Nathan Law Kwun-chung (Chinese: 羅冠聰; born 13 July 1993) is an activist and politician from Hong Kong. As a former student leader, he has been chairman of the Representative Council of the Lingnan University Students' Union (LUSU), acting president of the LUSU, and secretary-general of the Hong Kong Federation of Students (HKFS). He was one of the student leaders during the 79-day Umbrella Movement in 2014. He is the founding and former chairman of Demosistō, a new political party derived from the 2014 protests.
|Chairman of Demosistō|
10 April 2016 – 16 May 2018
|Preceded by||Office established|
|Succeeded by||Ivan Lam|
|Member of Legislative Council|
1 October 2016 – 12 October 2016
|Preceded by||Jasper Tsang|
|Succeeded by||Au Nok-hin|
|Constituency||Hong Kong Island|
|58th Secretary General of Hong Kong Federation of Students|
1 April 2015 – 31 March 2016
|Preceded by||Alex Chow|
|Succeeded by||Chan Man-hei|
Nathan Law Kwun-chung
13 July 1993
Shenzhen, Guangdong, China
|Political party||Demosistō (2016–2020)|
|Residence||London, England, United Kingdom|
|Education||HKFEW Wong Cho Bau Secondary School|
|Alma mater||Lingnan University (BA)|
Yale University (MA)
|Known for||2014 Hong Kong protests|
Activist in jail
On 4 September 2016, at the age of 23, Law was elected to serve as a legislator for Hong Kong Island, making him the youngest lawmaker in the history of the Legislative Council of Hong Kong. Over his controversial oath-taking at the Legislative Council inaugural meeting, his office was challenged by the Hong Kong Government which resulted in his disqualification from the Legislative Council on 14 July 2017.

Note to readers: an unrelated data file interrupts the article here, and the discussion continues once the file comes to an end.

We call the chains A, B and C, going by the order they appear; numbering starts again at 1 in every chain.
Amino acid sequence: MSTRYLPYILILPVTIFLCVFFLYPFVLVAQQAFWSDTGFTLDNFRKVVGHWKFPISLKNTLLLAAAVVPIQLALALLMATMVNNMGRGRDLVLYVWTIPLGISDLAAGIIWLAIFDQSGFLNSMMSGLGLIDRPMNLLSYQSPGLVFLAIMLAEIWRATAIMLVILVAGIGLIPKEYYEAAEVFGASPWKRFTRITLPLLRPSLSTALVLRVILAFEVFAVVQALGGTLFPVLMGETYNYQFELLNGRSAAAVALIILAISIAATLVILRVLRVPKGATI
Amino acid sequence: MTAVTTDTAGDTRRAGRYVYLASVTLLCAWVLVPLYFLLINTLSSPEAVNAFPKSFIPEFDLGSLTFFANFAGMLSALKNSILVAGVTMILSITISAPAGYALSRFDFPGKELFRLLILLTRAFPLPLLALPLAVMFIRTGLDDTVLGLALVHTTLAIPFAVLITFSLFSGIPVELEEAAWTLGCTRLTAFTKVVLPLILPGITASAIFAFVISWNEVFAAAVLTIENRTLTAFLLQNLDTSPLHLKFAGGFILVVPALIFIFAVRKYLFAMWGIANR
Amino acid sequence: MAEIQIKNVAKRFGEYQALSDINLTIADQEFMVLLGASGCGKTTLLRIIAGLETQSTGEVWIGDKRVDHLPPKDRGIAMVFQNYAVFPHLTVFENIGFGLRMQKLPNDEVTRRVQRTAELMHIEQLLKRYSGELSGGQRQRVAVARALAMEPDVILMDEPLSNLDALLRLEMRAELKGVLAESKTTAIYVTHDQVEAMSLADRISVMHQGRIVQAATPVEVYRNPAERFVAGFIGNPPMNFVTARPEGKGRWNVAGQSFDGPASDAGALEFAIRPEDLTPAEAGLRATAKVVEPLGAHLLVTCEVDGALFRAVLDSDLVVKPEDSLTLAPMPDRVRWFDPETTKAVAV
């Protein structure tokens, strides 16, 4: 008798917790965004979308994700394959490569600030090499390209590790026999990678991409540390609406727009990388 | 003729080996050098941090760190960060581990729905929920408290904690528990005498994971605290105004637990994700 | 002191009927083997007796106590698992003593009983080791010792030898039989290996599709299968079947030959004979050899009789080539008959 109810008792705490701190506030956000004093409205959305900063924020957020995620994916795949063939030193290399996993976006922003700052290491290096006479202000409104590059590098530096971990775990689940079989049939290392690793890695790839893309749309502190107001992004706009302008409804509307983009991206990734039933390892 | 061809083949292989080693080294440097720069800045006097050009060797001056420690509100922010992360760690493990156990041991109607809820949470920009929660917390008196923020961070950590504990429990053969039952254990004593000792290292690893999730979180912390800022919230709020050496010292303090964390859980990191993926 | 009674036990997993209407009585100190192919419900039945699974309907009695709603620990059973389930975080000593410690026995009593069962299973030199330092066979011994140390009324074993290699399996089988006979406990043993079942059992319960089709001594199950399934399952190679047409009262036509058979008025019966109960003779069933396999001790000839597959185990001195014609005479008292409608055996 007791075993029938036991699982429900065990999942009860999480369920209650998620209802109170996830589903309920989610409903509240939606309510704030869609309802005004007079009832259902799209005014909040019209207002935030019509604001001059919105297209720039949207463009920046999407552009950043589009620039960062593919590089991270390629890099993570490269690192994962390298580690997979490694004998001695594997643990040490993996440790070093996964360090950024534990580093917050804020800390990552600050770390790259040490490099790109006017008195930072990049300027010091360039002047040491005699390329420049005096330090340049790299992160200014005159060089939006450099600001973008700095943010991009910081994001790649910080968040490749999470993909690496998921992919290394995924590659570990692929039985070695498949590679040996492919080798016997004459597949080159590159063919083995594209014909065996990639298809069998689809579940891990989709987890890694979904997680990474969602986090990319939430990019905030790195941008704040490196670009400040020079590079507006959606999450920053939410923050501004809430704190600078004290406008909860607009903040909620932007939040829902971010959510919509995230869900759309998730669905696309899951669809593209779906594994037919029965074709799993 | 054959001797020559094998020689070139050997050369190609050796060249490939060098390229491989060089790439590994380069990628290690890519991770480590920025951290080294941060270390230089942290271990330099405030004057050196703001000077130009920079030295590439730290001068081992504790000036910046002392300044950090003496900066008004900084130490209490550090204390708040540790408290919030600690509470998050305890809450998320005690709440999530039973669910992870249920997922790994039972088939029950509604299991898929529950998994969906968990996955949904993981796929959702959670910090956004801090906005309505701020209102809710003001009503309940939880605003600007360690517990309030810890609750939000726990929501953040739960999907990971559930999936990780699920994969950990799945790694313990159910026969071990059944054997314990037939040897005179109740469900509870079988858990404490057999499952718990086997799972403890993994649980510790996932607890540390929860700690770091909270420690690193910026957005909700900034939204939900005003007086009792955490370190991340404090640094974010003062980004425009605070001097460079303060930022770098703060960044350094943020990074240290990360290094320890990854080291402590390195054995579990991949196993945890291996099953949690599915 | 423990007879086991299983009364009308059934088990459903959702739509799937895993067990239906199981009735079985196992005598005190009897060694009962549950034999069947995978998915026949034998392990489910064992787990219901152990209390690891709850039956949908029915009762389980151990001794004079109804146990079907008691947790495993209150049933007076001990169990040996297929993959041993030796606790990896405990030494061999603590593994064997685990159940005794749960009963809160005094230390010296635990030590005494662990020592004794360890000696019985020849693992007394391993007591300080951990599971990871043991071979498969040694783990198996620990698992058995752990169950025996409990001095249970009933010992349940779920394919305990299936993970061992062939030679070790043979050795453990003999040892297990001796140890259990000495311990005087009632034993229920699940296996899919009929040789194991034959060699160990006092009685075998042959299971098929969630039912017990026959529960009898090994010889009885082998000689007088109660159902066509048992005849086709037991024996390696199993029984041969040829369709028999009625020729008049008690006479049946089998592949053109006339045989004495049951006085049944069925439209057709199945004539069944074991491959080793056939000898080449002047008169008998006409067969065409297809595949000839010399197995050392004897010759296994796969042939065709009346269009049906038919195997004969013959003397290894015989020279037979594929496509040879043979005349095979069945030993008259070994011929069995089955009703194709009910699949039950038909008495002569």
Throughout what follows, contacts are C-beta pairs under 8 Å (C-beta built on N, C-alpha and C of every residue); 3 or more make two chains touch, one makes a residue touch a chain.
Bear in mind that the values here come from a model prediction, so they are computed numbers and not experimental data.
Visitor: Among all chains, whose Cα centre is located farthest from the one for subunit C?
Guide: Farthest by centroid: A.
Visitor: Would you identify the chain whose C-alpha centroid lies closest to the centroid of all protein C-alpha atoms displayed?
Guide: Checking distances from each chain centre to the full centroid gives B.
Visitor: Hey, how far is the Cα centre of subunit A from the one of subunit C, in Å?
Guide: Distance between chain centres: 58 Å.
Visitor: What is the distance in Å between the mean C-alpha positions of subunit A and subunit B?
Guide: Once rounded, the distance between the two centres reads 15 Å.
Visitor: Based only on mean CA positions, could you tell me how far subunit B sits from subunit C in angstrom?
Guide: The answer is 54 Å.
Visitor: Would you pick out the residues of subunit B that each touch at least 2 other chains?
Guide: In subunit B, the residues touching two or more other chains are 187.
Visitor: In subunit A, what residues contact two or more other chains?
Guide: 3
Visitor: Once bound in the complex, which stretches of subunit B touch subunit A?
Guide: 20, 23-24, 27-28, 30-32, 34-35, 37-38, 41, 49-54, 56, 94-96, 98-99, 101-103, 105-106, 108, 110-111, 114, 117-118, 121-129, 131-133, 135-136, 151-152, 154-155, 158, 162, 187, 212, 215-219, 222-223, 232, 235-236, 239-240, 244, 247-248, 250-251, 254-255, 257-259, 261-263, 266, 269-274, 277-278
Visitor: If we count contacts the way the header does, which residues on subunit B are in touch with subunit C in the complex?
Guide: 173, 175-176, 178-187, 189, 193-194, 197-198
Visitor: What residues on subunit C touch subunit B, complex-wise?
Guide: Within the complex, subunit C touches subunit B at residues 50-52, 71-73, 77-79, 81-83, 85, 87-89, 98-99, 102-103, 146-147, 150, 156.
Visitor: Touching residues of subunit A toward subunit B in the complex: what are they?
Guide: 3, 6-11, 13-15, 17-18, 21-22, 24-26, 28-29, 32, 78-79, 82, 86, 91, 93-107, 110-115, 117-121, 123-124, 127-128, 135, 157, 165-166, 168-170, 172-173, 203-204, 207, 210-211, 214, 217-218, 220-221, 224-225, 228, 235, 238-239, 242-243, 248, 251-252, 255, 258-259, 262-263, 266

Following the enactment of the National Security Law on 1 July 2020, Law announced that he had moved to London, United Kingdom where in April 2021 he was granted political asylum. Hong Kong police had ordered the arrest of Nathan Law for inciting secession and collusion.
Early life and education
Law was born on 13 July 1993 in Shenzhen, Guangdong, China, to a Hong Kong father and a Mainland mother. He moved to Hong Kong with his mother for a family reunion when he was around six years old. He and his siblings were raised almost single-handedly by his mother. He received his secondary education at HKFEW Wong Cho Bau Secondary School, and majored in Cultural Studies at Lingnan University (LU). In 2019, he accepted an offer with a full scholarship from the Council on East Asian Studies of Yale University and started the study to pursue a master's degree in East Asian Studies in mid August. He graduated a year later with the master's degree.
Law was active in student activism and participated the 2013 Hong Kong dock strike. He joined and became the chairman of the Representative Council of the Lingnan University Students' Union and was the committee member of the Hong Kong Federation of Students (HKFS). He later also became the acting president of the Lingnan University Students' Union (LUSU).